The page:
I recently had the opportunity to take a sea ice safety course!
This was neat, because it’s a bit outside my general area of work. There’s plenty of different courses and training programs, but most are specifically for teams that use them in their day-to-day jobs.
It’s plausible that I’ll need to know this information, at least on background, but my job likely won’t have me actually putting it into practice.
The goal of the training was to familiarize us with how to evaluate the safety and stability of sea ice, specifically around cracks that form in the ice. It’s important to know how the cracks behave, and what parameters make it safe for vehicle travel and field work.
Sea ice around McMurdo is dynamic and constantly shifting. This means that areas which were safe at one point may no longer be safe, based on factors that are hard to predict.
As the ice shifts, cracks form. How the cracks behave is based on temperature, wind, currents, and several other factors.
If a crack grows too wide, it may not be safe for vehicles to cross. Different vehicles can safely cross different sized cracks. If the ice is too thin, or if the cracks form in certain patterns, it may also not be safe for vehicular travel.
There is a chart showing the minimum ice thickness and crack width for all the different vehicles in use around McMurdo. It’s cool to see a list of all the different types of vehicles in use, and it’s cool to know that the figures have been refined over decades of field work.
I won’t get into the technical details, because I’m coming from a one-day course. There are teams at McMurdo who work on this as their primary jobs, and there is an entire body of knowledge and documentation on the topic that has been developed over decades of doing this type of work.
Our vehicles for the day were Hagglunds.
These tracked vehicles can carry a handful of people, some up front:
And more riding in the cargo area:
The weather was perfect – clear and cold, with temperatures around -10°F.
We loaded up and drove out of town:
And soon we found ourselves out on the sea ice. Sea ice refers to the ice that forms and shifts throughout the year. This is to distinguish it from the ice shelf, which refers to more stable, fixed ice that extends out from land. The terminology is more nuanced to folks who work on this professionally, but that’s the gist of it.
We had the opportunity to see a number of sea ice cracks. Some were already mapped and were safe to cross, others were not safe and had shifted substantially even within the past couple days. Keeping tabs on the sea ice, and keeping the safe driving routes charted and flagged, is a full-time job for some folks on station.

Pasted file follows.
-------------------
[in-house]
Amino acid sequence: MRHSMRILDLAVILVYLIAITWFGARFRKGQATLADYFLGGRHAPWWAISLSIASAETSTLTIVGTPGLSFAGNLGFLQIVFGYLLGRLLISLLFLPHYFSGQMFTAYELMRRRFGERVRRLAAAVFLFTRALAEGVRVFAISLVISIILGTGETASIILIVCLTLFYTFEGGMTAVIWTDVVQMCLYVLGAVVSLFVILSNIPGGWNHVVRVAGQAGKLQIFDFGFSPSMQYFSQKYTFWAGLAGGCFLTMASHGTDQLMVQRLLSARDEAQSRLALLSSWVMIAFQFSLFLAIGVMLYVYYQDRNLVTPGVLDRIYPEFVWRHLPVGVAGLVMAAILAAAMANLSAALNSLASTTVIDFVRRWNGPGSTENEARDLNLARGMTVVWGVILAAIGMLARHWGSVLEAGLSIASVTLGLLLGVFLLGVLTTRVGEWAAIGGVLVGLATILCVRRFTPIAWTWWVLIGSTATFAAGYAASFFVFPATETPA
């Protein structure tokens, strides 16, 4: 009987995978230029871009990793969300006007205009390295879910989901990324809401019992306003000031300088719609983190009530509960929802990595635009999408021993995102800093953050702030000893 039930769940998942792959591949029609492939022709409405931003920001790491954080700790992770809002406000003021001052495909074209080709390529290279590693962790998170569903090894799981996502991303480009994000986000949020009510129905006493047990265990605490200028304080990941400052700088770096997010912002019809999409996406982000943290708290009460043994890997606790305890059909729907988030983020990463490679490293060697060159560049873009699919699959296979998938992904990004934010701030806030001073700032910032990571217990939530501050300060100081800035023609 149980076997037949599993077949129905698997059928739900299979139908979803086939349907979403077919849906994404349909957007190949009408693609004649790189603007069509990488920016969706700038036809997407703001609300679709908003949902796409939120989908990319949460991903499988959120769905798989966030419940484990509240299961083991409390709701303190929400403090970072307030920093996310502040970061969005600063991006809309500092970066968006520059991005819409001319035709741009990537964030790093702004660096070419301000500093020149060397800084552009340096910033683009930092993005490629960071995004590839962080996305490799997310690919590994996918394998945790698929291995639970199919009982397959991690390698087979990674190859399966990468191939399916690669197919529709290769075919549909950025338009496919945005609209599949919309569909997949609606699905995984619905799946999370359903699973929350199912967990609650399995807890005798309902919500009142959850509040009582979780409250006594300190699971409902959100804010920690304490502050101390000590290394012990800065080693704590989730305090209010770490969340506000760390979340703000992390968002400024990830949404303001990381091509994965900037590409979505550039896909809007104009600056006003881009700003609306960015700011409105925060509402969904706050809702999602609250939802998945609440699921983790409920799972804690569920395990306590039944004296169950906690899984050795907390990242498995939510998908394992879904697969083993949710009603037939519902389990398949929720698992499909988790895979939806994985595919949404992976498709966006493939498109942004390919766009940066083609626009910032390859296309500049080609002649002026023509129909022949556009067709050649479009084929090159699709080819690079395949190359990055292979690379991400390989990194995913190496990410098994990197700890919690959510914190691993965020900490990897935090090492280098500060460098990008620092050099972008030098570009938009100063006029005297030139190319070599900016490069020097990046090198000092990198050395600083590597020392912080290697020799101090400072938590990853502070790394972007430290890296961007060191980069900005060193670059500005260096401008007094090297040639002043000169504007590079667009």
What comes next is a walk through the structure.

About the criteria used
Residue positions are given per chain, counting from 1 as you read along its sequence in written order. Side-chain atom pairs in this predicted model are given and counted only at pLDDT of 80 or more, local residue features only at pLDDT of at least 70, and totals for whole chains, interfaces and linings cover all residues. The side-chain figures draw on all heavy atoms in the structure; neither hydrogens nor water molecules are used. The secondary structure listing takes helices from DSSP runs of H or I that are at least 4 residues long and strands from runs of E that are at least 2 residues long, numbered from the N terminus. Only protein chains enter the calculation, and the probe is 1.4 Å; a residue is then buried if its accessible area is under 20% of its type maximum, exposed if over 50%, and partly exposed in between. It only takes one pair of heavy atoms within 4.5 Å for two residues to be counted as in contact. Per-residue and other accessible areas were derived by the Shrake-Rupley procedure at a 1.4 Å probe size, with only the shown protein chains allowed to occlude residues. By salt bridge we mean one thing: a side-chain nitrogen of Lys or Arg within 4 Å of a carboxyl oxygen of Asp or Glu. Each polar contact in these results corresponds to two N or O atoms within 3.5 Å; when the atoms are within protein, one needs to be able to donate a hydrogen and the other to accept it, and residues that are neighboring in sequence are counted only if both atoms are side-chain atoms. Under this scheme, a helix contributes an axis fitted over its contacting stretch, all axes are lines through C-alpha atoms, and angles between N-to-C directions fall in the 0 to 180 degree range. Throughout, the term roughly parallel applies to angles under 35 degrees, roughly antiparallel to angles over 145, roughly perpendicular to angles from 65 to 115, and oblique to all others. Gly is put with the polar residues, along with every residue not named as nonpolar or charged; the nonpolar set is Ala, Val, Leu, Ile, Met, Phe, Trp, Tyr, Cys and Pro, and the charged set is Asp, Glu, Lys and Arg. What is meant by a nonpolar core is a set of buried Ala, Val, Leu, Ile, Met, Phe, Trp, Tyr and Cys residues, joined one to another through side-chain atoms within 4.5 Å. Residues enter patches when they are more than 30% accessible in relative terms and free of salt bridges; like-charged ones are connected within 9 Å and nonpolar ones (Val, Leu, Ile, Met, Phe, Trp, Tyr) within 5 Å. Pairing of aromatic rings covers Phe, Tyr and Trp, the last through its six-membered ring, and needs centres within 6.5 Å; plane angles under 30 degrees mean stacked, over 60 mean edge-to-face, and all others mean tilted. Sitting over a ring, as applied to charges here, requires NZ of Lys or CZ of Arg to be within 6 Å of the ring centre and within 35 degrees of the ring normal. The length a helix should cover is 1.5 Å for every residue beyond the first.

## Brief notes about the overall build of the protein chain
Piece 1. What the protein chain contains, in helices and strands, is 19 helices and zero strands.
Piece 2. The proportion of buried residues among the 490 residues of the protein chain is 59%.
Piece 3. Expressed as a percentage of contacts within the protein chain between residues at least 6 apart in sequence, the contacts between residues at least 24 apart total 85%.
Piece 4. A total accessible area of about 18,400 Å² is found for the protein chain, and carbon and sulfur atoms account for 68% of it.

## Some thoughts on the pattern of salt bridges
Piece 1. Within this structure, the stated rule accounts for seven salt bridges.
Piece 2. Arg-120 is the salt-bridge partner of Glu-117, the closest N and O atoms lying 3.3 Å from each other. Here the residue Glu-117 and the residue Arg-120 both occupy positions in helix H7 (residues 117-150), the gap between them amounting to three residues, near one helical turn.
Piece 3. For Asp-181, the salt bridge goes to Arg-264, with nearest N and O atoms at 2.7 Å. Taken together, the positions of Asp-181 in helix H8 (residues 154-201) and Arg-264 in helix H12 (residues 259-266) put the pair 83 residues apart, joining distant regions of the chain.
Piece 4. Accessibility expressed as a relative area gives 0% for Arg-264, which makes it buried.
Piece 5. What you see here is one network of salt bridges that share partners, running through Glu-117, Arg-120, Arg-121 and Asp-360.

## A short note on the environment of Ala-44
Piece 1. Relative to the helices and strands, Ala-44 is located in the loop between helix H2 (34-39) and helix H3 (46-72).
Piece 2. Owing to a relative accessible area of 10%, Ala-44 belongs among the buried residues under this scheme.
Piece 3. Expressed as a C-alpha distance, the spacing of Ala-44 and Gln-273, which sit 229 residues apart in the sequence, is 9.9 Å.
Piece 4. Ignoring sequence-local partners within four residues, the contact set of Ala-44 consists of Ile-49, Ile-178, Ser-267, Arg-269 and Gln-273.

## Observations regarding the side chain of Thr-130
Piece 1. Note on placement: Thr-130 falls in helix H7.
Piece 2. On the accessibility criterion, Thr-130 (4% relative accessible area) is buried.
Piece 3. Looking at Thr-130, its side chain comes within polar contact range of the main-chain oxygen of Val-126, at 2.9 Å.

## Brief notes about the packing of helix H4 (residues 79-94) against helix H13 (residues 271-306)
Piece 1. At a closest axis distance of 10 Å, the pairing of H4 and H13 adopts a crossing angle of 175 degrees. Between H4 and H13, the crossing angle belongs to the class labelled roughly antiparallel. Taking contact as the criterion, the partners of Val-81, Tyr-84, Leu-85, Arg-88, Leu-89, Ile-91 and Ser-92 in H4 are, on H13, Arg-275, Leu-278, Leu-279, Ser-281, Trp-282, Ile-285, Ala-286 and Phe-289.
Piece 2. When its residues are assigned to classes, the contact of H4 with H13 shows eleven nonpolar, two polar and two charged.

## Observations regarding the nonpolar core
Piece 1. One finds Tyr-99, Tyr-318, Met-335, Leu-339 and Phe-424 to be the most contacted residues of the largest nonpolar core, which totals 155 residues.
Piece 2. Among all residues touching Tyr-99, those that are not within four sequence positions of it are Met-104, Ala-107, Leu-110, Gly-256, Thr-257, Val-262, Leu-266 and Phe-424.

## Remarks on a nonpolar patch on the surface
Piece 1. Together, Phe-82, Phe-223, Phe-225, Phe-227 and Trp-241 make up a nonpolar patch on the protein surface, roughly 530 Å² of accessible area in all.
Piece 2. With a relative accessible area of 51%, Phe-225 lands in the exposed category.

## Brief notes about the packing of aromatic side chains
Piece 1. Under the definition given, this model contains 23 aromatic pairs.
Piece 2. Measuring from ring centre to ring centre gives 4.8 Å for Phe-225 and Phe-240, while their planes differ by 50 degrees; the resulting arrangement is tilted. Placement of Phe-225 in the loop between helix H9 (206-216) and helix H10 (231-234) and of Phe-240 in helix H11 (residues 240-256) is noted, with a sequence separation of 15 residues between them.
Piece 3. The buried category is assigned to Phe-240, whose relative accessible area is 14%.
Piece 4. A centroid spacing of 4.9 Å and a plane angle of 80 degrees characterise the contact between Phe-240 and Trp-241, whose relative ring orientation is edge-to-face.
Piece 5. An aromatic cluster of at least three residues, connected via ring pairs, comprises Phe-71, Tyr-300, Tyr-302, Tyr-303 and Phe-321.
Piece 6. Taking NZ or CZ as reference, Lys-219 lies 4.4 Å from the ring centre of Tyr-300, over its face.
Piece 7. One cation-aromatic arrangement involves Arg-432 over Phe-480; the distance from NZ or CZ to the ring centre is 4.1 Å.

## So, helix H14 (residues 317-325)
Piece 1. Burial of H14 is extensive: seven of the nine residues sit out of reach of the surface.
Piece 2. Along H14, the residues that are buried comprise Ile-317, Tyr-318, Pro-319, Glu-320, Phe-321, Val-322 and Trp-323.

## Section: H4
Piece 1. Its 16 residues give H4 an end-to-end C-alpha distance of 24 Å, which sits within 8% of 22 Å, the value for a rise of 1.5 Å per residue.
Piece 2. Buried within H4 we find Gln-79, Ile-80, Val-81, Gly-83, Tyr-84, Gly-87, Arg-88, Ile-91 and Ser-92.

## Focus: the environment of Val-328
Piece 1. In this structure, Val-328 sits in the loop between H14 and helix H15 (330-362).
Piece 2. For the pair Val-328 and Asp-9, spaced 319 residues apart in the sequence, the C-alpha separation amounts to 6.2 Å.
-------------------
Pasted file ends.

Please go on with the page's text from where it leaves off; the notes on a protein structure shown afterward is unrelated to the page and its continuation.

To actually measure a crack, you need to know a few things. First is the thickness of the ice itself. Different vehicles require different ice thicknesses. If the ice around a crack is too thin for the type of vehicle, it doesn’t matter how wide the crack is, because the vehicle can’t safely drive in the area anyway.
Here’s an example of a fairly recent crack. You can see crisp snow lines and open water. This is likely a recent development, possibly within the past few days:
Some cracks are complex and have many spots that must be measured, as the crack re-freezes over time. It may be significantly wider than it first appears. Conversely, if a crack has re-frozen to a safe thickness, then it may be safe to drive over.
The first step is to find the edge of the crack. Snow may fall over the crack, and the crack may shift over time. Shoveling off the snow allows us to see the actual shape of the crack.
Next is to start taking measurements. We drill holes into the ice until we hit seawater:
And then we measure the thickness of the ice using a measuring tape attached to a small metal apparatus that helps us feel when we’ve hit the bottom of the ice.
Here’s an older crack which has re-frozen:
You can see we’ve measured the ice thickness on either side. We also measure the width of the crack between the two known safe points, to determine the effective width of the crack. Based on this information, we can use our chart to see if it’s safe to drive a certain vehicle over it. We also record the data for future analysis, to track trends in the sea ice over time.
The scenery is beautiful. Here’s yet another crack, with mountains in the background:
While we were out there, we also saw some holes used by seals to get out of the water and onto the sea ice. Seals will use cracks that already exist, and if a crack isn’t fully open, they will chew their way through to the surface. I don’t have a photo, but we did see a seal briefly pop its head up through one of these holes. Needless to say, we kept our distance in case a seal decided to use this hole while we were nearby.
This was a super cool day trip, and to date the most “Antarctica” thing I’ve gotten to do.
Most of my day is doing IT work that doesn’t look much different from work back home, but there are always things happening nearby to remind us of where we are. Just a few hundred feet from where I’m working on a computer, there are field safety teams out profiling sea ice cracks.
Until next time!